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Iraqi Official: Riyadh Plotted Mina Tragedy to Abduct Iranian, Iraqi Officials

29 September 2015 23:17



A senior Iraqi politician described the tragic Mina incident as a plot by the Saudi regime to abduct the Iranian and Iraqi officials who were participating in This year’s Hajj rituals during the chaos that followed the stampede.

“The Mina disaster was an engineered tragedy (by Saudi Arabia) to kidnap the Iraqi and Iranian officials on the pretext of the Mina incident,” Head of Iraq’s Sadeqoun Coalition Hassan Salem said on Tuesday.

Salem said that Saudi Arabia is not qualified to host the Hajj pilgrimage due to its support for terrorism.

The Iraqi official reiterated that the Hajj pilgrims also suffered from the Saudi terrorism in Mina and the convoy of Saudi Crown Prince Mohammad Bin Salman caused the death of thousands pilgrims, and said, “Many of these pilgrims are the Iraqi and Iranian officials who have been abducted.”

He further asked the Saudi officials to account for the disappearance of 400 Hajj pilgrims during the Mina incident.

A stampede during one of the last rituals of the Hajj season killed more than 4,173 people and left 2,000 wounded.

The stampede occurred during the ritual known as “stoning the devil” in the tent city of Mina, about two miles from Mecca.

At least 239 Iranians have lost their lives in the incident, while 150 others have been wounded. The latest reports said 26 Iranian pilgrims are still hospitalized in Saudi Arabia, while others have either died or been treated and left the hospital, preparing to come back to home.

Supreme Leader of the Islamic Revolution Ayatollah Seyed Ali Khamenei declared three days of national mourning over the death of the pilgrims.

In his message on Thursday evening the Iranian Leader expressed condolences to the bereaved families of all those killed in the incident, specially the Iranians, and declared three days of national mourning in the country.

Meantime, Ayatollah Khamenei blasted the Saudi government, saying that Riyadh should accept its responsibility for “mismanagement” and adoption of “improper measures”.

“Mismanagement and improper measures that caused this tragedy should not be overlooked,” he said, stressing that “the Saudi government is required to accept its heavy responsibility for this bitter incident and meet its obligations in compliance with the rule of righteousness and fairness”.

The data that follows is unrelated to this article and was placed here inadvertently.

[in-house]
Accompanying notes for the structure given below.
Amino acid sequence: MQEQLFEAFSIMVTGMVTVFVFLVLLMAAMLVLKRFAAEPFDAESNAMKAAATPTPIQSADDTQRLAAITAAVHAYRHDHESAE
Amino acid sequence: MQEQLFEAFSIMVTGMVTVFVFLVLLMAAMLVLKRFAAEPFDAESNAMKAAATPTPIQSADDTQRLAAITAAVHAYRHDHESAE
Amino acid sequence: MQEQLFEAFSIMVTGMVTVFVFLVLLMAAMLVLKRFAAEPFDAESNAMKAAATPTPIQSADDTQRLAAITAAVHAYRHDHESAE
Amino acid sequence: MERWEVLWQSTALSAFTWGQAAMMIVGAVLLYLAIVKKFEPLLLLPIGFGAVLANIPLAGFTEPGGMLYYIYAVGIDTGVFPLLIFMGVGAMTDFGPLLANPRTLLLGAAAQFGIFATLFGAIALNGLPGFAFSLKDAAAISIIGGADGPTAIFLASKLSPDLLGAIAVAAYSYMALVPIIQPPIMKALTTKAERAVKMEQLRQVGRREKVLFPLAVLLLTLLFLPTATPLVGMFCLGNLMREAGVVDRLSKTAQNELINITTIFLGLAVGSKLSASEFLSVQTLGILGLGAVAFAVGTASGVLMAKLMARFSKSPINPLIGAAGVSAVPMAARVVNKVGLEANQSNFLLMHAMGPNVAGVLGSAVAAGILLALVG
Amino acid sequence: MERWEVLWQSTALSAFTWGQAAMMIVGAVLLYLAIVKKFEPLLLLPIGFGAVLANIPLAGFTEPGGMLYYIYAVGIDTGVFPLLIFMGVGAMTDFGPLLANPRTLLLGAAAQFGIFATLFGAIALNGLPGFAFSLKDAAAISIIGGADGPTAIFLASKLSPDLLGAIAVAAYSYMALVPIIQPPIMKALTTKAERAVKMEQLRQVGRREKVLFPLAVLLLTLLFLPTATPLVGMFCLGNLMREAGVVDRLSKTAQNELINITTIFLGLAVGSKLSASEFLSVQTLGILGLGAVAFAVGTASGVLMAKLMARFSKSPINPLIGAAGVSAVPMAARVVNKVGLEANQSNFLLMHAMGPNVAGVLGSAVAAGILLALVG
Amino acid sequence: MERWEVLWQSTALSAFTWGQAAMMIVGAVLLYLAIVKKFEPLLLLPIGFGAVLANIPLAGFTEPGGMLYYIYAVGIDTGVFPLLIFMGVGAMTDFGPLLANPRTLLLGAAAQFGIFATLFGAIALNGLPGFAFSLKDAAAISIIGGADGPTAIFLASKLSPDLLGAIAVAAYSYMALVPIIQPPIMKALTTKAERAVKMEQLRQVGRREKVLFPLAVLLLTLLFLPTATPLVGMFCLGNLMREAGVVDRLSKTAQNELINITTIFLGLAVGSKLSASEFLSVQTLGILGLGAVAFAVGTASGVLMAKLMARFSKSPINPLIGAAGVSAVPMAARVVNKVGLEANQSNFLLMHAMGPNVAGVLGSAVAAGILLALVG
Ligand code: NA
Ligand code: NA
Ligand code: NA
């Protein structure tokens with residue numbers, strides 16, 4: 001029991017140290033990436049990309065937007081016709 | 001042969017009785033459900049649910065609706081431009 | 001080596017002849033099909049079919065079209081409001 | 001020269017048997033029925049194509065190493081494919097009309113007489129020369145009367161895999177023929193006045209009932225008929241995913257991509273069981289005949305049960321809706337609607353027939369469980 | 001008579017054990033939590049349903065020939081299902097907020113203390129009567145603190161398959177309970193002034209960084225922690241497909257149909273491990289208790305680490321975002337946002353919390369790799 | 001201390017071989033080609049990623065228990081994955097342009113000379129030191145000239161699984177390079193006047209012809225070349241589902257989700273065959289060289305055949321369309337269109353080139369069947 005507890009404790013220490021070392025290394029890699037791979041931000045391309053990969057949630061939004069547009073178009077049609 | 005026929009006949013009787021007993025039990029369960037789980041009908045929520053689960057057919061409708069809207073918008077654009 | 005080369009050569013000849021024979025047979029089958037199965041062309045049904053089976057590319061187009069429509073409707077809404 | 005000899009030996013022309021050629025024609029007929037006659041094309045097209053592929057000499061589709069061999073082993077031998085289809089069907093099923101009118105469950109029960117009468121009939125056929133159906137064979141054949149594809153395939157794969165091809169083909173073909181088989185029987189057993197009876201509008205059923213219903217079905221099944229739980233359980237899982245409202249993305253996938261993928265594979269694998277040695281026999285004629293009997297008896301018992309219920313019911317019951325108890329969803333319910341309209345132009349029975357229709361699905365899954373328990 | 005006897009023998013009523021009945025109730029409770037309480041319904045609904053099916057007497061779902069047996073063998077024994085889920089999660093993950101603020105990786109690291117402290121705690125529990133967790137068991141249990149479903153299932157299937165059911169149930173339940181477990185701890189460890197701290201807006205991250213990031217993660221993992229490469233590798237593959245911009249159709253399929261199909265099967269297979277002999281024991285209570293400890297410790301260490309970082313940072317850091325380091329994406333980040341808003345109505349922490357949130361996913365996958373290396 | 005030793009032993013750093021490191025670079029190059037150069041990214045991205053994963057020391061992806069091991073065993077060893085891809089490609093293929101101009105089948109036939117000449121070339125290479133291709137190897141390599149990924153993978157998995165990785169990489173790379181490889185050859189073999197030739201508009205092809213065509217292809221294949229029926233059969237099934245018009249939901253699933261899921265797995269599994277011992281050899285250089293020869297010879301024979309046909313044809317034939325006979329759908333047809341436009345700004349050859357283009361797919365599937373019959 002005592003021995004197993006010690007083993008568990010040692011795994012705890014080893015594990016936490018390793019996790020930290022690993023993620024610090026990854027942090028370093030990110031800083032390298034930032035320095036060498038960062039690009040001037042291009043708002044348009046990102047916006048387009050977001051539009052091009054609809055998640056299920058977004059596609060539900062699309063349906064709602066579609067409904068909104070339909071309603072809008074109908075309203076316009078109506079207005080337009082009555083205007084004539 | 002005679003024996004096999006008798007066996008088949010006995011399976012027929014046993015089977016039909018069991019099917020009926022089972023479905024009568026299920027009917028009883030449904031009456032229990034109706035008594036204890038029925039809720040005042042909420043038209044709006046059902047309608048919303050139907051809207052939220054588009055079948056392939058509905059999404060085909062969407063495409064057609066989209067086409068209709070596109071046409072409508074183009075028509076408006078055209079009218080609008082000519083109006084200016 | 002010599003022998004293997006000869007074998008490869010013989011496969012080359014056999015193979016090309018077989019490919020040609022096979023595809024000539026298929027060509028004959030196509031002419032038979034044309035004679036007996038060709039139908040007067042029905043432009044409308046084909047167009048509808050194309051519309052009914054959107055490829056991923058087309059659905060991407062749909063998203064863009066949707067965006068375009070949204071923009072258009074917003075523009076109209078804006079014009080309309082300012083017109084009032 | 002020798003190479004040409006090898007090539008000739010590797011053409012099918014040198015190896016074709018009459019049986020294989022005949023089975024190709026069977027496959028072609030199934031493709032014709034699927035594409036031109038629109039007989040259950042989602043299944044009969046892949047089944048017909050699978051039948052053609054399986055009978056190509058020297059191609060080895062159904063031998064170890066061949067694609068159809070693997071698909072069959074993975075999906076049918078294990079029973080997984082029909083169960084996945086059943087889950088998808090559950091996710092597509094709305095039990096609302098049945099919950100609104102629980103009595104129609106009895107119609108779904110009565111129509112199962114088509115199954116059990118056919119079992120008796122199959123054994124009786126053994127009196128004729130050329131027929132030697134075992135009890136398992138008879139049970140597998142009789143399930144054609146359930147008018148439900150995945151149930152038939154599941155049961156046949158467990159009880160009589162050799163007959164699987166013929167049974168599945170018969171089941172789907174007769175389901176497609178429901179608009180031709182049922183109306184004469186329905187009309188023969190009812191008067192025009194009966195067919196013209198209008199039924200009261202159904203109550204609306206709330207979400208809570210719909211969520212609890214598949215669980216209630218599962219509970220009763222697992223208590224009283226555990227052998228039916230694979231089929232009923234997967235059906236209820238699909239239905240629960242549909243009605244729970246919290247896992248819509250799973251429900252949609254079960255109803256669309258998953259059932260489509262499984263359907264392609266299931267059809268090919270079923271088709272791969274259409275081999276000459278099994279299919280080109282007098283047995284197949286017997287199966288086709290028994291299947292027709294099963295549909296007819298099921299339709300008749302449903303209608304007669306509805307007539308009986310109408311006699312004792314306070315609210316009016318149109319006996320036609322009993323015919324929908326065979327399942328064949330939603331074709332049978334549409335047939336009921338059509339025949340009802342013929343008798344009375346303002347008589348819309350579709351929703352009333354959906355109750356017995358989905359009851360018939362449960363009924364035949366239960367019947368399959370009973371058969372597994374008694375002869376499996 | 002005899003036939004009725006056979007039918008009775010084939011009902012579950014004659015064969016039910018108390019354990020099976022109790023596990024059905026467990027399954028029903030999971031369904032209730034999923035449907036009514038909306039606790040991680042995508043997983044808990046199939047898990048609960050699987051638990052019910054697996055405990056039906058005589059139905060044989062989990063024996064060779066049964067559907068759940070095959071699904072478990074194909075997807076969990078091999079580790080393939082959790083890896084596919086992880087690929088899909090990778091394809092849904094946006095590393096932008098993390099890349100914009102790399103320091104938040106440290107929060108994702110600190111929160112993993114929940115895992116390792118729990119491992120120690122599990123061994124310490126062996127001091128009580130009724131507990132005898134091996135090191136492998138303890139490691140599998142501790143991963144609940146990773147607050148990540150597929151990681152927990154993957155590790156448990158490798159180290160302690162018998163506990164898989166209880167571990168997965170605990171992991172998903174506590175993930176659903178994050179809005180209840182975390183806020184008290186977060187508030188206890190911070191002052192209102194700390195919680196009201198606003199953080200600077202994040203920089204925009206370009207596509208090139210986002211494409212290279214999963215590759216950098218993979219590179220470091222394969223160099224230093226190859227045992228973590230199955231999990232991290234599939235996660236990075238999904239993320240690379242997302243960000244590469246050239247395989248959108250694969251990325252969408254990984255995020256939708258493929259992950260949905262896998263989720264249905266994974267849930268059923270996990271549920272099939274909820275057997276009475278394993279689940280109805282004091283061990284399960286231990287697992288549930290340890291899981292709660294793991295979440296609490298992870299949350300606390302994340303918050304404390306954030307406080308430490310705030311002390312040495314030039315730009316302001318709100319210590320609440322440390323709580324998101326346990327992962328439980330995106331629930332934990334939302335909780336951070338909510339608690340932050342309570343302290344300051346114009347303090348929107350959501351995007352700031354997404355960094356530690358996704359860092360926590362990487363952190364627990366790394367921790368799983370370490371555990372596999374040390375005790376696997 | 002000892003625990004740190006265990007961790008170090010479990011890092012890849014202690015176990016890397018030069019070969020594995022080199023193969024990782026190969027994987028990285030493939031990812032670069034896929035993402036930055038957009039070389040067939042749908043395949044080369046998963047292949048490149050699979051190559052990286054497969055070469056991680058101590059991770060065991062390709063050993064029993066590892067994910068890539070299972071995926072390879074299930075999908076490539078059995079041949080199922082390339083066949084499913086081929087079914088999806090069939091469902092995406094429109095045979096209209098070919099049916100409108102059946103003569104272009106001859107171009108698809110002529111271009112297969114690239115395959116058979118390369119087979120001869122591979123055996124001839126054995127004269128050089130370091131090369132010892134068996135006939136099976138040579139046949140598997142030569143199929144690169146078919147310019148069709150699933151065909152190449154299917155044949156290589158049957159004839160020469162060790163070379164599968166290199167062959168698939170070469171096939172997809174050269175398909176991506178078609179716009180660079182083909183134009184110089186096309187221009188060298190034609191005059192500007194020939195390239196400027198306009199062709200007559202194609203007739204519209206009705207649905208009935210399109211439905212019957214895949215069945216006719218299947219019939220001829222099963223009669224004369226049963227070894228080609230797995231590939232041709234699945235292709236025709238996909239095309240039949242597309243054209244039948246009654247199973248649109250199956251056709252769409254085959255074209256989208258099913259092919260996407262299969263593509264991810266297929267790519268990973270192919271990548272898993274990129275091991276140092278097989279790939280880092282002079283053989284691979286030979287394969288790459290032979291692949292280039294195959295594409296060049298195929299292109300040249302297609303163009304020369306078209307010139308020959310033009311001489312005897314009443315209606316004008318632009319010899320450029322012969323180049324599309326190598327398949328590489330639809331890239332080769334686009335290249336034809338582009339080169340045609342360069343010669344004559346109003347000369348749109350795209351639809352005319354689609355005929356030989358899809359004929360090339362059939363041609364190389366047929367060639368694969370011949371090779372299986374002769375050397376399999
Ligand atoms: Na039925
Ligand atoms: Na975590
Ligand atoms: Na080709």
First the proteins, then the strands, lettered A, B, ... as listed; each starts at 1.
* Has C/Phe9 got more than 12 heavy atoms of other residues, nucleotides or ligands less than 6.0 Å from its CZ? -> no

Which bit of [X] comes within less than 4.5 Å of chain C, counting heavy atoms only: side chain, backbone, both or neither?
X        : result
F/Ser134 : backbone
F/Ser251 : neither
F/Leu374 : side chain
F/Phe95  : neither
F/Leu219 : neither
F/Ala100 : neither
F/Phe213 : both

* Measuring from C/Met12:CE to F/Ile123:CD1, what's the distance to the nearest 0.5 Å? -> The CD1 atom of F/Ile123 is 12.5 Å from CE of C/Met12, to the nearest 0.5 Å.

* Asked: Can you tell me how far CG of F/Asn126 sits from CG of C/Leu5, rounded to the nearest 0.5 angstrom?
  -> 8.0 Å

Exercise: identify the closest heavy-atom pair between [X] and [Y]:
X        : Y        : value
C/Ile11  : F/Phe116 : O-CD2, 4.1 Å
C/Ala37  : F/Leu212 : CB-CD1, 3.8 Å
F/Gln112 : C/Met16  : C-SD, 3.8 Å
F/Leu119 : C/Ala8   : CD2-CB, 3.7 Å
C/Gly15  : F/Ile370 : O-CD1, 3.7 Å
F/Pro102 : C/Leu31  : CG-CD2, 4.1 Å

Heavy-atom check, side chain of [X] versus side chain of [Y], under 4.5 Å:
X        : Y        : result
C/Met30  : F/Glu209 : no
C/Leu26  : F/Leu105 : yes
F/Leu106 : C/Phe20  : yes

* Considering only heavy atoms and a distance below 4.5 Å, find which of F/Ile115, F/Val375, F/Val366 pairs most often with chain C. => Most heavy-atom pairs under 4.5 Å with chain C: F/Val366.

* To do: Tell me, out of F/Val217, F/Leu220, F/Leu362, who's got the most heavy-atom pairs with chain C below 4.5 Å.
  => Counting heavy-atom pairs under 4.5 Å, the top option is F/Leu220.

On Thursday, Iranian President Hassan Rouhani in a message to First Vice-President Eshaq Jahangiri issued special orders for following up the Mina incident.

The Iranian president in his message condoled with families of the victims of Hajj stampede in Mina.

“The regretful and sorrowful tragic incident of death and injury of Iranian Hajj pilgrims on the threshold of my arrival in New York imposed heavy sorrow on me and the accompanying delegation,” President Rouhani said in his message.

President Rouhani pointed to Iranian Supreme Leader Ayatollah Seyed Ali Khamenei’s declaration of three-day national mourning in Iran for the death and injury of hundreds of Iranian Hajj pilgrims, and said, “This is the least that we can do for the families of the victims of Mina incident.

President Rouhani reiterated that the Iranian Foreign Ministry and the Iranian Ambassador to Riyadh are duty-bound to investigate the cause of the incident and take all the necessary measures to help to revival of the rights of the victims and injured of the incident, and said, “I ask the Saudi government to fulfill its legal and Islamic duties concerning this issue while shouldering the responsibility.”

Meantime, Iranian lawmakers said that the Parliament is planning to investigate the stampede incident.

“The parliament’s National Security and Foreign Policy Commission will hold a special session to discuss the stampede in Mecca,” member of the parliament’s National Security and Foreign Policy Commission Mohammad Reza Mohseni Sani told reporters.

He noted that the parliament’s commission will discuss the Mina incident in its upcoming meeting.